Sylvia Plath, Three Women: A Poem for Three Voices, a radio play (23:28)
    Sylvia Plath, The Bell Jar (30:16)
    Sylvia Plath, Ariel: The Restored Edition (39:23)
    Sylvia Plath, The Colossus

    Janet Malcolm, The Silent Woman: Sylvia Plath & Ted Hughes

    Lucie Elven, The Weak Spot (41:55)
    Charles King, Gods of the Upper Air is not currently available in the UK (43:44)
    Lily King, Euphoria (44:06)
    Mary Gabriel, Ninth Street Women (44:15)
    Charles Phillipson, Letters to Michael: a father writes to his son 1945–1947. With thanks to the actor Nigel Anthony for the readings. (45:19)



    Related Slightly Foxed Articles & Podcasts



    Slightly Foxed Podcast Episode 29: A Poet’s Haven. Dr Mark Wormald, a scholar on the life and writings of Ted Hughes, on the Barrie Cooke archive 



    Other Links


    Heather Clark’s website
    Heather Clark wins The Slightly Foxed Best First Biography Prize 2020 for Red Comet
    Listen to the 1961 BBC Interview with Sylvia Plath and Ted Hughes (17:07)
    Listen to the BBC Radio 3 Arts & Ideas podcast on Sylvia Plath, Anne Sexton, and Seamus Heaney (44:45)
    The artist Heather Phillipson’s Sketches from Space Instagram account, where she first shared Charles Phillipson’s letters to Michael (45:38)

    The National Poetry Library, Southbank Centre, London (47:31)




    Opening music: Preludio from Violin Partita No.3 in E Major by Bach




    The Slightly Foxed Podcast is hosted by Philippa Lamb and produced by Podcastable

    • 48 min
    Graphic Novels: A Comic Turn with Posy Simmonds & Paul Gravett

    Graphic Novels: A Comic Turn with Posy Simmonds & Paul Gravett

    The cartoonist, writer and illustrator Posy Simmonds brilliantly captures the ambitions and pretensions of the literary world, and the journalist and curator Paul Gravett has worked in comics publishing for decades. Together they bring graphic novels and comic books to the foreground with the Slightly Foxed team. We draw moral lessons from the Ally Sloper cartoons of the 1870s, glimpse Frans Masereel’s wordless woodcut stories of the 1920s, view the pictorial politics of Citizen 13660 by Miné Okubo in the 1940s and revisit Art Spiegelman’s 1992 Pulitzer Prize-winning Maus before taking a closer look at more contemporary works.




    From a tragicomic summer with Joff Winterhart, nuclear explosions with Raymond Briggs, the shadow of James Joyce with Mary and Bryan Talbot and an Iranian childhood with Marjane Satrapi’s Persepolis, the discussion moves through panels, frames, splashes and spreads to Posy Simmonds’s own methods in bringing literature to life, including crosshatching to Vivaldi. Originally serialized in the Guardian, Posy’s Gemma Bovery builds on the bones of Flaubert’s Madame Bovary and Tamara Drewe draws from Hardy’s Far from the Madding Crowd, while Cassandra Darke takes inspiration from Dickens’s A Christmas Carol. Though rooted in the classics, the devil is in Posy’s detail, be it real French coffee pots, the joy of characters’ names, such as Kevin Penwallet, and fictional places, such as Tresoddit.




    We continue our travels off the beaten track with our usual round-up of reading recommendations, and a trip to Gilbert White’s House and Gardens in Hampshire, where we view the landscapes that sparked his evergreen classic The Natural History of Selborne. (Episode duration: 44 minutes; 39 seconds)

    Books Mentioned
    We may be able to get hold of second-hand copies of the out-of-print titles listed below. Please get in touch with Jess in the Slightly Foxed office for more information.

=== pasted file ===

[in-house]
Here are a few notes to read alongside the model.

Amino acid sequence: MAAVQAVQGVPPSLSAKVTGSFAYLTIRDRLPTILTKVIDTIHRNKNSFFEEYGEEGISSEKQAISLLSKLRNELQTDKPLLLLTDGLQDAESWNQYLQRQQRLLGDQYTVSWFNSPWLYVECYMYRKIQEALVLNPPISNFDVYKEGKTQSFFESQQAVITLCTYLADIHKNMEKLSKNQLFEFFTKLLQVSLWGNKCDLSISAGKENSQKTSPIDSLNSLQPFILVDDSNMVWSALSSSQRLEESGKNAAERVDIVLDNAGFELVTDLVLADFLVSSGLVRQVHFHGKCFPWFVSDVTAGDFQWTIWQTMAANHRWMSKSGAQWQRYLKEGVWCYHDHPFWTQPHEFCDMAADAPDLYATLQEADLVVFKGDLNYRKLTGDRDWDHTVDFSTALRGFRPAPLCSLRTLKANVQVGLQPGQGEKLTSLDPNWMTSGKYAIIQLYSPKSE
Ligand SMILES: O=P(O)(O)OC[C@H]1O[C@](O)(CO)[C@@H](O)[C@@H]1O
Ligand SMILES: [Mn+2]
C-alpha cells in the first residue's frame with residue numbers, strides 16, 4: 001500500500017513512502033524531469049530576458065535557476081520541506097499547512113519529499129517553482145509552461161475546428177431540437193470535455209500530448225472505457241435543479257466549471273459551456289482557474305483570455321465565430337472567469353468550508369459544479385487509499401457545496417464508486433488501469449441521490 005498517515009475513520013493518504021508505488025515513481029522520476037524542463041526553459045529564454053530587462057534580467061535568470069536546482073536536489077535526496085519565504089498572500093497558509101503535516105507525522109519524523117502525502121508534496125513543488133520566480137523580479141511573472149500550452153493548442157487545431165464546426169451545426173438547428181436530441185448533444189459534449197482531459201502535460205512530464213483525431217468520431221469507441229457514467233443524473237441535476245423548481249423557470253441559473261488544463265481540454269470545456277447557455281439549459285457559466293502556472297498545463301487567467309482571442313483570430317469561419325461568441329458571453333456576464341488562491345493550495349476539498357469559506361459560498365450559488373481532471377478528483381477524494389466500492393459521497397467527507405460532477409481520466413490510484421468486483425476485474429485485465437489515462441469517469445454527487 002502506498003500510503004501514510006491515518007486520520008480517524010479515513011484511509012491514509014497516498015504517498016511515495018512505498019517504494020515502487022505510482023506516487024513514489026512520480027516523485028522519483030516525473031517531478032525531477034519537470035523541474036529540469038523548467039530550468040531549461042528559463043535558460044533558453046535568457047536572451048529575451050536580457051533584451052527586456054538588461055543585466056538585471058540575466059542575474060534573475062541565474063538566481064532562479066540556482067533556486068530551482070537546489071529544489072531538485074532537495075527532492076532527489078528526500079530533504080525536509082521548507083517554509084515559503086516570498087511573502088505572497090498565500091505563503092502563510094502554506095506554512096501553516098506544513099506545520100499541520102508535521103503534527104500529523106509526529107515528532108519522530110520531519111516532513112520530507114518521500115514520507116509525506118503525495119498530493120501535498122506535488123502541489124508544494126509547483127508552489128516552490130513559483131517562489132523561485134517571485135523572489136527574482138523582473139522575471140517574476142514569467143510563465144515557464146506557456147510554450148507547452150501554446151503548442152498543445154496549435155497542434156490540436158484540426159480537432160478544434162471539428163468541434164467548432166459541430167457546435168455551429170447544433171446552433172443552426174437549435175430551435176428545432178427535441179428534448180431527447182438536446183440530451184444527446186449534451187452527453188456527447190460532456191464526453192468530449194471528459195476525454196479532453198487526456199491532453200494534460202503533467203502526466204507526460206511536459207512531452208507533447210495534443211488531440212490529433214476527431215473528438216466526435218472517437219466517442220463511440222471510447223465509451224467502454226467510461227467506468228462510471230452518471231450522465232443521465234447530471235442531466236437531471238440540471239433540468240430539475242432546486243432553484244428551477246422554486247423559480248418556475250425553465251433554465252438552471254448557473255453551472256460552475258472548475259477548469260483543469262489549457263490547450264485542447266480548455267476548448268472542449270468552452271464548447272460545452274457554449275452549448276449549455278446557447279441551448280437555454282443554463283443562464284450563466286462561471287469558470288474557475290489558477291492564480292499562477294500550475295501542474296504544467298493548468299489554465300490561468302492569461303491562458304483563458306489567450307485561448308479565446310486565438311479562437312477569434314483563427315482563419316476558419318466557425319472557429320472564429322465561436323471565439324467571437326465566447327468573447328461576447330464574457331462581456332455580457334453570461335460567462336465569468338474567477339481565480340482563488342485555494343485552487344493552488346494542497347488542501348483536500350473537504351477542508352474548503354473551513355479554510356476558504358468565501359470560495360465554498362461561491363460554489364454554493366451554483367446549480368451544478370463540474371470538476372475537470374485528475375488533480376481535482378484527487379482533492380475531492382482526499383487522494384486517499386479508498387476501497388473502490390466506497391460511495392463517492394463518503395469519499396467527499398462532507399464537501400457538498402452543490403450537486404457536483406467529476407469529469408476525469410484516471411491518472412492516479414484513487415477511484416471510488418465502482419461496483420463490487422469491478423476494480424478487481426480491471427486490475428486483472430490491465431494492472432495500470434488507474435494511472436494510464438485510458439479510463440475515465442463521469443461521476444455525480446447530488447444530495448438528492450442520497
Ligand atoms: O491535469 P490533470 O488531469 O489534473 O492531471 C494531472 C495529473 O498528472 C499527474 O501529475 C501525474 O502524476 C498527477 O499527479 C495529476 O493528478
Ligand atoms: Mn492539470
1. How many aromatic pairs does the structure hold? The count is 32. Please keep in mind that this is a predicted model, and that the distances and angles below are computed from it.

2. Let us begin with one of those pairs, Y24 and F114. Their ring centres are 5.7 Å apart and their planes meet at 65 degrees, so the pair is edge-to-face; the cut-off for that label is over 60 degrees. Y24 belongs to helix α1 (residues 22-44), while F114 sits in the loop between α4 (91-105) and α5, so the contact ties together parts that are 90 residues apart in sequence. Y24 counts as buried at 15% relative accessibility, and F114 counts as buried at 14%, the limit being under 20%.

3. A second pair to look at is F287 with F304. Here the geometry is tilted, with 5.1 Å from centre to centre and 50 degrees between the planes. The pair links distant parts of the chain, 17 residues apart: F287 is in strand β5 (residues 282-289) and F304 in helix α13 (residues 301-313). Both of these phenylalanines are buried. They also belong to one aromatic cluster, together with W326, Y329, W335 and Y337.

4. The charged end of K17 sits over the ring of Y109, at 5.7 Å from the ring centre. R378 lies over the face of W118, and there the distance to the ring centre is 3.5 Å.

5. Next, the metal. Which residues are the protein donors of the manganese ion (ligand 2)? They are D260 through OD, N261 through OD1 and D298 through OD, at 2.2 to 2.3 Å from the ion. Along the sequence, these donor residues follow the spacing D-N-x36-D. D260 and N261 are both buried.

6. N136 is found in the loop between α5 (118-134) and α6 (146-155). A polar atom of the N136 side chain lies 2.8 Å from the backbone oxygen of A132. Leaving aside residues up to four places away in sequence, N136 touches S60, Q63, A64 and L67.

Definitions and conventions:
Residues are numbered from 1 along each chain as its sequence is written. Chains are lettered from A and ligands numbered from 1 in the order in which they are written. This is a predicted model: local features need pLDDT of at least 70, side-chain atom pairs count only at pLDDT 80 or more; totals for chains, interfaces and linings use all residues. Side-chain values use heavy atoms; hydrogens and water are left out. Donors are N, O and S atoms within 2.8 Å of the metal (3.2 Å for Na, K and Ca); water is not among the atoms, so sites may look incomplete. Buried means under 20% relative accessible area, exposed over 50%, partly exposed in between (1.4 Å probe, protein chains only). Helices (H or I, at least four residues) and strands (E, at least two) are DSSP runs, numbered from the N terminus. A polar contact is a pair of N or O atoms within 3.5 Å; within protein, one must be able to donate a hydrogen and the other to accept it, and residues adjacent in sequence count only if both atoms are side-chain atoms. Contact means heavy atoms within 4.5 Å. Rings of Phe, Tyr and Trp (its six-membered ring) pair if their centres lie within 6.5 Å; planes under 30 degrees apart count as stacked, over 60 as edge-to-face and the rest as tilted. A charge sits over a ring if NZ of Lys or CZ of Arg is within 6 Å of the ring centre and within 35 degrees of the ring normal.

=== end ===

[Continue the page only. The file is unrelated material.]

Ally Sloper: A Moral Lesson, cartoons by Marie Duval and words by Judy’s office boy is out of print (4:48)
    Miné Okubo, Citizen 13660 (6:29)
    George Takei, They Called Us Enemy (7:25)
    Jules Feiffer, Passionella and Other Stories is out of print (9:05)
    Art Spiegelman, Maus (10:37)
    Mary M. Talbot & Bryan Talbot, Dotter of Her Father’s Eyes (12:52)
    Joff Winterhart, Days of the Bagnold Summer (13:22)
    Raymond Briggs, When the Wind Blows (15:42)
    Raymond Briggs, Ethel & Ernest (17:07)
    Posy Simmonds, Gemma Bovery (17:48)
    Posy Simmonds, Tamara Drewe (17:48)
    Marjane Satrapi, Persepolis (28:31)
    Posy Simmonds, Cassandra Darke (29:04)
    Riad Sattouf, The Arab of the Future (30:24)
    Alison Bechdel, Fun Home (31:20)
    Posy Simmonds, Literary Life Revisited

    Paul Gravett, Posy Simmonds

    Emma Tennant, Burnt Diaries is out of print (34:20)
    Robert Macfarlane, The Old Ways (37:28)

    Our Time, an anthology commissioned by The Lakes International Comic Art Festival (38:29)
    Laurie Lee, As I Walked Out One Midsummer Morning. Published in our series of Slightly Foxed Editions, along with Cider with Rosie (39:54)
    Gilbert White, The Natural History of Selborne (41:24)




    Related Slightly Foxed Articles & Illustrations



    Underwear Was Important, Hazel Wood on the cartoons of Posy Simmonds, Issue 15

    Cover illustration by Posy Simmonds, Issue 16
    Inside cover illustration by Posy Simmonds, Issue 60

    Touched with a Secret Delight, Melissa Harrison on Gilbert White, The Natural History and Antiquities of Selborne, Issue 48




    Other Links



    Posy Simmonds Close Up, Cartoonmuseum Basel, Switzerland. The exhibition runs until 24 October 2021 (2:39)

    The bd BOUM festival, Blois, France. The festival is chaired by Posy Simmonds and runs from 19-21 November 2021

    Gosh! Comics, London, UK (31:58)

    The Lakes International Comic Art Festival, Kendal, UK (32:08)

    Thought Bubble, The Yorkshire Comic Convention, Harrogate, UK (32:26)

    Gilbert White’s House & Gardens, Selborne, UK (41:13)




    Opening music: Preludio from Violin Partita No.3 in E

    • 44 min

Customer Reviews

4.8 out of 5
210 Ratings

210 Ratings

Margie Beehouse ,

No equal on the app store

An unalloyed pleasure. Thank goodness these literary types will return in April, October and January. Meanwhile, to the archive!

Sandy of Seattle ,

Whole Podacast

Utterly delicious. Sitting knitting on a windy wet day - thought provoking and chucklesome. Do not silence the dogs, please!!! Love it.

Rebecca Brosnan ,

Sheer Joy

This podcast has a special way of making the very best of our collective culture as approachable as an afternoon cup of tea with friends.